Can the Washington Redskins' Strong Defensive Play Continue?

After struggling last season, particularly in pass defense, Washington's defense has looked strong over the first two games of 2015. Can they keep things going?

While much of the focus in Washington before the year was on its offense and quarterback drama, perhaps the defense in the nation’s capital should get more of our attention.

Washington has allowed 27 points in its two games this season, and only Carolina and the Jets have allowed fewer. New defensive coordinator Joe Barry’s unit has also allowed just 4.6 yards per play, ranking sixth in the league.

In terms of our advanced metrics, Washington ranks seventh in points prevented above expectation after a loss to Miami in Week 1 and a win over St. Louis on Sunday.

The early performance marks a vast improvement over last year, in which it ranked 29th in points allowed per game (27.4), 27th in yards allowed per play (5.9), and 30th in Adjusted Net Expected Points (NEP).

We only have a two-game sample to look at, but the difference is stark enough to take a closer look at what has changed and whether it is sustainable.

Rushing Defense Still Strong

The catalyst for the turnaround has been Washington’s improved pass defense, as the run defense was strong last year and remains solids so far in 2015.

Washington ranked 13th in yards allowed per carry (4.09), and sixth in both Adjusted Rushing NEP and Adjusted Rushing NEP per carry.

This season, Washington is 26th in yards allowed per carry (4.5), but still ranks in 11th Adjusted Rushing NEP and fifth in Adjusted Rushing NEP per carry.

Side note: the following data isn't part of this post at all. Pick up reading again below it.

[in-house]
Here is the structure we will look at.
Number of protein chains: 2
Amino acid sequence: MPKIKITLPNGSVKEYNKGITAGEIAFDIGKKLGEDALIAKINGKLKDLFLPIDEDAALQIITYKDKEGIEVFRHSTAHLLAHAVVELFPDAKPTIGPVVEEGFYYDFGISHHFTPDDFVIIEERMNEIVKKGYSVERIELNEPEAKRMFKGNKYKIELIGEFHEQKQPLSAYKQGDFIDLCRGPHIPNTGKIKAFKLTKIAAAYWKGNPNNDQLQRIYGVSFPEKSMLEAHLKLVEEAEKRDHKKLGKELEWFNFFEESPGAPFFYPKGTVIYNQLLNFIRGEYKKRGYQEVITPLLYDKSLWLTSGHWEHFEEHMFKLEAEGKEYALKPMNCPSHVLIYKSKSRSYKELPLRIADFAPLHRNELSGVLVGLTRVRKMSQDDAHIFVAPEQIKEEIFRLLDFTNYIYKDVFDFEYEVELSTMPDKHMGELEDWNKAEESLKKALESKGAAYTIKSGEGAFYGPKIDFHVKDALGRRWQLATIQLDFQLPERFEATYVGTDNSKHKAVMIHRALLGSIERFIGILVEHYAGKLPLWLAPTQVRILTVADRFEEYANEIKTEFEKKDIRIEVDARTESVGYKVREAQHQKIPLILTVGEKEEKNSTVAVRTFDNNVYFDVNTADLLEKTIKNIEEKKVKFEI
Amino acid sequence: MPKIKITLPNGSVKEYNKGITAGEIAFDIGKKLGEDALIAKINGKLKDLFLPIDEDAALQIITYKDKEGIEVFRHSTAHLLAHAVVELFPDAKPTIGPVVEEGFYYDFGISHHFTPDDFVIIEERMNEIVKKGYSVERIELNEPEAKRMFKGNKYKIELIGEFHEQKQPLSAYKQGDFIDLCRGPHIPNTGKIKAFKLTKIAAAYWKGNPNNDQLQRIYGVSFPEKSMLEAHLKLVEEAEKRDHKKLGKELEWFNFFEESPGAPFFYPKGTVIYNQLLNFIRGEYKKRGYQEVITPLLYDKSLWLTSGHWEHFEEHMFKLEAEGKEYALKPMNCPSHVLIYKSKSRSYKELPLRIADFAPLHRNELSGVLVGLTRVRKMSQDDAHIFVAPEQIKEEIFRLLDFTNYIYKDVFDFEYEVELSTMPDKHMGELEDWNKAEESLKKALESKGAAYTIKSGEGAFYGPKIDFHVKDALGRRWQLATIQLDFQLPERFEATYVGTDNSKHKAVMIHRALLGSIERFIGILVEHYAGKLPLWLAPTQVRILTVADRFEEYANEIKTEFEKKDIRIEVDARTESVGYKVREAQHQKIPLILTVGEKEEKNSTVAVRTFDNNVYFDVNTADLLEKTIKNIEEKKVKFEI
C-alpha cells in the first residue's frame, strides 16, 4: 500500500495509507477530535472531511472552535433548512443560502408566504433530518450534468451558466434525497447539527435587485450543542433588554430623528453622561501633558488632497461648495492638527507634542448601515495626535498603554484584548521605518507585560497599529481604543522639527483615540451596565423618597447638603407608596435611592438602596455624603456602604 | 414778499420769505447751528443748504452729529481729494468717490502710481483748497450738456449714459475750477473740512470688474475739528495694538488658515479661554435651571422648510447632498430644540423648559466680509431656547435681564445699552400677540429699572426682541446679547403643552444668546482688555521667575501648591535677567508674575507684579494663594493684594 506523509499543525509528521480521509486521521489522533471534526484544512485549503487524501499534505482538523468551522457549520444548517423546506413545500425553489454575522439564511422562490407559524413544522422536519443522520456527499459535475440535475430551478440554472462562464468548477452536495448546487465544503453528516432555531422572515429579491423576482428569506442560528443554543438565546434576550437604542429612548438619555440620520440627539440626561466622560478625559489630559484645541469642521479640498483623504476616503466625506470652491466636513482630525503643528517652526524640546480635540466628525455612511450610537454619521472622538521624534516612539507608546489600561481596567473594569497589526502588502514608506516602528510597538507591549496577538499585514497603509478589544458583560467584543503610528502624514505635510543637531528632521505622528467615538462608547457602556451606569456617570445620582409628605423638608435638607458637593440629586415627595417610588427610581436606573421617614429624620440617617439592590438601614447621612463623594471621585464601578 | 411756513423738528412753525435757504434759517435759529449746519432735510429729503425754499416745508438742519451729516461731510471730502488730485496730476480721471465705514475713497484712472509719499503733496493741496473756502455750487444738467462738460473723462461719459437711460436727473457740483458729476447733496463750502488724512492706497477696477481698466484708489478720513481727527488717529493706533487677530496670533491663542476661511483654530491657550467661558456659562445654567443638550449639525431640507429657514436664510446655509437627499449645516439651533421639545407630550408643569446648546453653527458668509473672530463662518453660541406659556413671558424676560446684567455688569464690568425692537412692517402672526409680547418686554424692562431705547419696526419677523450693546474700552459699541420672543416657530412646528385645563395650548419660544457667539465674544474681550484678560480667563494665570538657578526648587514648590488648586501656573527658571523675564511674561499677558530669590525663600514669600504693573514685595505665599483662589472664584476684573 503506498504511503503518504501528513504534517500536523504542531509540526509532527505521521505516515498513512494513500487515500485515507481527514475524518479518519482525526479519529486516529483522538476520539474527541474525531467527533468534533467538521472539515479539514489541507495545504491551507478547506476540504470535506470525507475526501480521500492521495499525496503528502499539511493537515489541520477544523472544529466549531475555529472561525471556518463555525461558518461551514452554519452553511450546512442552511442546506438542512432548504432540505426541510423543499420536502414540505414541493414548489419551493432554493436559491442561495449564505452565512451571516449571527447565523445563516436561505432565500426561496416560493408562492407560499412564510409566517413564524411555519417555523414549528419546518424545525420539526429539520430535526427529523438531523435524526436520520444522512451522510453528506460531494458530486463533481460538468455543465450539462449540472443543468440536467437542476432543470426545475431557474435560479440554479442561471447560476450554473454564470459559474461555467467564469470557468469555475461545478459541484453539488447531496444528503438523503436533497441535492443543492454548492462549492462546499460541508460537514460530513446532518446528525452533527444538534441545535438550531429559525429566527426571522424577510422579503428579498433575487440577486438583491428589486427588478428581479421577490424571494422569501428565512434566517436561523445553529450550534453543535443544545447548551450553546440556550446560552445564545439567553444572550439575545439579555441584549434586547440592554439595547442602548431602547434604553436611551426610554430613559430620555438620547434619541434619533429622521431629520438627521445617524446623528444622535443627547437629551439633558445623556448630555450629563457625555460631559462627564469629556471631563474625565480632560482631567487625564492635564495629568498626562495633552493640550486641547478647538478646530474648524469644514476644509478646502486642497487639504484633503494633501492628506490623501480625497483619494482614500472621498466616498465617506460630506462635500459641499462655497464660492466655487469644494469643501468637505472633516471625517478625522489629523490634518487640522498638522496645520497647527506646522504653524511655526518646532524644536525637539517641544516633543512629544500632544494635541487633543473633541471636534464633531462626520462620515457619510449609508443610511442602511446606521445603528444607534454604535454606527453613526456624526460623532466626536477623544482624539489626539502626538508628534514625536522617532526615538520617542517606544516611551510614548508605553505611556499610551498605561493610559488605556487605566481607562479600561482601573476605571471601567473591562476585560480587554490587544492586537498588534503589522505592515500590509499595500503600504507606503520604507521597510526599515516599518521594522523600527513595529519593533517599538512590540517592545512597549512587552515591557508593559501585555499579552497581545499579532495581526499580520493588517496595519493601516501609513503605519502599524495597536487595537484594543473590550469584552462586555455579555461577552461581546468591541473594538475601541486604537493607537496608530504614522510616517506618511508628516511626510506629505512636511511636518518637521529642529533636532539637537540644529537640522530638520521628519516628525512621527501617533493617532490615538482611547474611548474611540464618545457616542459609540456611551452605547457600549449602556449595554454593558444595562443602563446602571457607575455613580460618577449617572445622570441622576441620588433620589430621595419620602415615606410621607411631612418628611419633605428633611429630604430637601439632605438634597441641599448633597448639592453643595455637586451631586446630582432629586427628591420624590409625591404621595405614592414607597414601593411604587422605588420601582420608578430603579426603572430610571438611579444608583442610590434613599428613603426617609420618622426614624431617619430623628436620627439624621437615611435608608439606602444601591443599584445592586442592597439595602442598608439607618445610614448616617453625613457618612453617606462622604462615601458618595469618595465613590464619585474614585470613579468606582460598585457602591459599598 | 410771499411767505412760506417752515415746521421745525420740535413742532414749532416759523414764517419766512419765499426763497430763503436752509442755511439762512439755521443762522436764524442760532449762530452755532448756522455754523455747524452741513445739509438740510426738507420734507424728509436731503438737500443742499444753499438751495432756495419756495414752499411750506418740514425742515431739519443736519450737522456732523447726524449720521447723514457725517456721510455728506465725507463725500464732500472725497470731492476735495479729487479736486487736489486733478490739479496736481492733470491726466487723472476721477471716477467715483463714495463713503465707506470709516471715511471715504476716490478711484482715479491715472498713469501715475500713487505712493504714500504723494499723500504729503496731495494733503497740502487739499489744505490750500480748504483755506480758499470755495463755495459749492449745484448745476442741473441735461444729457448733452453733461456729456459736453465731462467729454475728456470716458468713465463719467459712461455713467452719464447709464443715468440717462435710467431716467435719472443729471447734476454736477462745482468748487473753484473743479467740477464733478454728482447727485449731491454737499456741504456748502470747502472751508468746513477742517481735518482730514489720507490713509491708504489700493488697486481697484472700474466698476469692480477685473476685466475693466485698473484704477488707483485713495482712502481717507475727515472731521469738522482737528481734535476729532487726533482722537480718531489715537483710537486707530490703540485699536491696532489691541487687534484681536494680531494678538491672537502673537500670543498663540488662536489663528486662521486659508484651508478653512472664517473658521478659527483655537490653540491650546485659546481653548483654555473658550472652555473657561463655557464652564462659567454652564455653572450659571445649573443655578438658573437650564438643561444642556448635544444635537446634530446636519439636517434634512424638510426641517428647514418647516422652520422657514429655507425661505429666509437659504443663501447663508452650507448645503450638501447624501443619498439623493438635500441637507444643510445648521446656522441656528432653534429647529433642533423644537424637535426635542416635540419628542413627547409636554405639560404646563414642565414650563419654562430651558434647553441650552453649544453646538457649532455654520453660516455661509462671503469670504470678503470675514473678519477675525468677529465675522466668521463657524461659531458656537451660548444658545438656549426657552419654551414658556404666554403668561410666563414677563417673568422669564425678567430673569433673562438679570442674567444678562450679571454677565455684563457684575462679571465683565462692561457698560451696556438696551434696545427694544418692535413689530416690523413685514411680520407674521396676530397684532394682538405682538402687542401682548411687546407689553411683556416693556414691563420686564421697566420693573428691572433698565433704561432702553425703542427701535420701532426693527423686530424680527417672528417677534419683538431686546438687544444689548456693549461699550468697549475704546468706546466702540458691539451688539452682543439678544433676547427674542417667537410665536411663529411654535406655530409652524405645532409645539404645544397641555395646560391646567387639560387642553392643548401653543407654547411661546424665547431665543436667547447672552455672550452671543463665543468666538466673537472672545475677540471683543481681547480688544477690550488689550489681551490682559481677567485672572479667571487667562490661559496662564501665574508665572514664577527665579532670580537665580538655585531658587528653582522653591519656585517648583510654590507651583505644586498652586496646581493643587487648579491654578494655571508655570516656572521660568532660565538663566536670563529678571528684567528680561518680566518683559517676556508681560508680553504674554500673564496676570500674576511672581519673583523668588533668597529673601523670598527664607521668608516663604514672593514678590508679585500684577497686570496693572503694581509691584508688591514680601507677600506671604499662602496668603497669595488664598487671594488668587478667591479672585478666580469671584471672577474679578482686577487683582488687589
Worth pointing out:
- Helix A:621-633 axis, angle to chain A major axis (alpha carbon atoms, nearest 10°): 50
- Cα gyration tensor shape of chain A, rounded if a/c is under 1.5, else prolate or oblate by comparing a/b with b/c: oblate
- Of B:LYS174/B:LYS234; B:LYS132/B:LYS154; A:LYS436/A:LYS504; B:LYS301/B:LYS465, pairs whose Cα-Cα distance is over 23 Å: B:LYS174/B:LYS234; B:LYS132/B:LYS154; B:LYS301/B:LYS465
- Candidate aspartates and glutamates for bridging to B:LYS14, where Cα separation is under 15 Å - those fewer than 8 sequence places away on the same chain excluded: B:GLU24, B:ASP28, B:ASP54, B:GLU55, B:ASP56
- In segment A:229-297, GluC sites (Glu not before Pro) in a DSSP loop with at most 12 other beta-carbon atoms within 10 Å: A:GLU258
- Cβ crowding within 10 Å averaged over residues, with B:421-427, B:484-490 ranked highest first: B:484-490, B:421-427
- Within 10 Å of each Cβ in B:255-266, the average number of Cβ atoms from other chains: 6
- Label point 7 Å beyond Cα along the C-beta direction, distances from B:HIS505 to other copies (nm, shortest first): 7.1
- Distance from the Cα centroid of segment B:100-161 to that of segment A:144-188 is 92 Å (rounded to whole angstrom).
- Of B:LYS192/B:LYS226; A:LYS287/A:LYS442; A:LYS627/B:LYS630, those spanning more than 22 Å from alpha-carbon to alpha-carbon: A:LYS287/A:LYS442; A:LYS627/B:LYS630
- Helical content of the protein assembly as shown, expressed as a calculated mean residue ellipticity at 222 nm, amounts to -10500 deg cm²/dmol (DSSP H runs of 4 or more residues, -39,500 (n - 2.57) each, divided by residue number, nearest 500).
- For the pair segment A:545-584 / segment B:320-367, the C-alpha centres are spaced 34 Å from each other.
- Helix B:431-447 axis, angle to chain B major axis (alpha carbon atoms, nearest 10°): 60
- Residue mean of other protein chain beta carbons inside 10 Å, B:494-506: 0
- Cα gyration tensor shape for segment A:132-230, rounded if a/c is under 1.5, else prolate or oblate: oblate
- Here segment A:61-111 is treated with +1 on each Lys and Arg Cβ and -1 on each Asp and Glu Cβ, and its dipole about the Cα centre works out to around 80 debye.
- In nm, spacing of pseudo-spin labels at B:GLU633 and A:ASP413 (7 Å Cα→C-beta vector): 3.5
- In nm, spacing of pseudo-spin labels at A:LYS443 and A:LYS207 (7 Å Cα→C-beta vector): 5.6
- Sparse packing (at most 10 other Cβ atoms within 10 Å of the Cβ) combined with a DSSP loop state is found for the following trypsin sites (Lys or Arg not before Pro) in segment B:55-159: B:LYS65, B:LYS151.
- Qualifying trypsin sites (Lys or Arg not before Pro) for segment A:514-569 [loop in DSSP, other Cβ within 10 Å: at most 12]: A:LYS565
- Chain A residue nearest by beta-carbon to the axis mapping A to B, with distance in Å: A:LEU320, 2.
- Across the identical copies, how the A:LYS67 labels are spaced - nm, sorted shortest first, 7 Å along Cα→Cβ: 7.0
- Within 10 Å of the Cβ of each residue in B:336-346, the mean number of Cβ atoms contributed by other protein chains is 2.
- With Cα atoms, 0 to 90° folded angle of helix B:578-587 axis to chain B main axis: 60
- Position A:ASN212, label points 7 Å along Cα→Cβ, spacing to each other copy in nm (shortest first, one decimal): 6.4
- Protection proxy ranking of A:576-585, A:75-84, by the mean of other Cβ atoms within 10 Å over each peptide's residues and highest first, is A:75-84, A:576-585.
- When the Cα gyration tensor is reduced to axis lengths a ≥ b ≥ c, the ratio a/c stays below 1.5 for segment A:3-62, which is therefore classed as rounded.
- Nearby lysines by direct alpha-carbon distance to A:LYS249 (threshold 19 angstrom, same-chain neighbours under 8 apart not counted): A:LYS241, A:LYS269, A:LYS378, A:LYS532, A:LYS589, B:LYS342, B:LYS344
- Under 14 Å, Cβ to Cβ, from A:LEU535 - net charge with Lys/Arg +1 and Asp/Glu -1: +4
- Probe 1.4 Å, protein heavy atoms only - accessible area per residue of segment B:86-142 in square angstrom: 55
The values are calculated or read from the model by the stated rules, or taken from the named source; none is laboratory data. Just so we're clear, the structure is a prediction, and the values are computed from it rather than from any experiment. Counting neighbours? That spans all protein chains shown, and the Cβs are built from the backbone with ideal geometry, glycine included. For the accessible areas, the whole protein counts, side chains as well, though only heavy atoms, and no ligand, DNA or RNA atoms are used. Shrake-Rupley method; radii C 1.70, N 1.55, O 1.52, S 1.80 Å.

Before going on to Washington’s pass defense, it would be useful to see what is driving the disparity between the raw and advanced statistics.

The first place to look would probably be turnovers, but Washington’s rush defense has not recovered a fumble (Ryan Kerrigan did force one against St. Louis, but it was recovered by Rams receiver Stedman Bailey).

The next area worth examining is third and fourth down performance. While yards per attempt treats all yardage the same, expected points models give greater weight to stops or successes on third and fourth down.

This is why there is a 21-spot difference between Washington’s rankings in yards per carry and Adjusted NEP per attempt.

Washington had faced five rushes on third or fourth down, and only allowed one first down, tying them with Kansas City for the best third/fourth down rush defense. Opposing offenses have needed to gain an average of only 3.6 yards on these plays against Washington, but they have only gained 1.8.

One of these stops occurred on 4th-and-1, another happened on 3rd-and-1, while another was made on 3rd-and-2 (the other was a one-yard run by Rams quarterback Nick Foles on a 3rd-and-6; the conversion was an eight-yard rush by Miami’s Lamar Miller on a 3rd-and-8).

An 80.0% success rate on third and fourth down is not sustainable in the long run (more on that later), but it does go a long way in explaining why the Washington rush defense rates highly in our advanced metrics.

It also is a component of Washington’s continued strength in short yardage situations, as its rush defense was sixth-best in conversion rate allowed against runs with three yards to go or fewer on all downs last season

Ryan Kerrigan has led the way this year, upping his performance to soften the blow of fellow outside linebacker Brian Orakpo's departure. In 2014, Orakpo was tied for sixth at the position in run stop percentage, while Kerrigan came in at 13th (among 46 qualifying players); this season, Kerrigan ranks fifth at the position (per Pro Football Focus).

Pass Defense Improvement

While Washington was strong against the run last year, it had a poor defense overall, due mostly to its inability to stop teams from moving the ball through the air.

Only Atlanta allowed more net yards per pass attempt than Washington, which allowed 7.2. Advanced stats paint a bleak picture as well, as Washington was dead last in both Adjusted Passing NEP and Adjusted NEP per pass.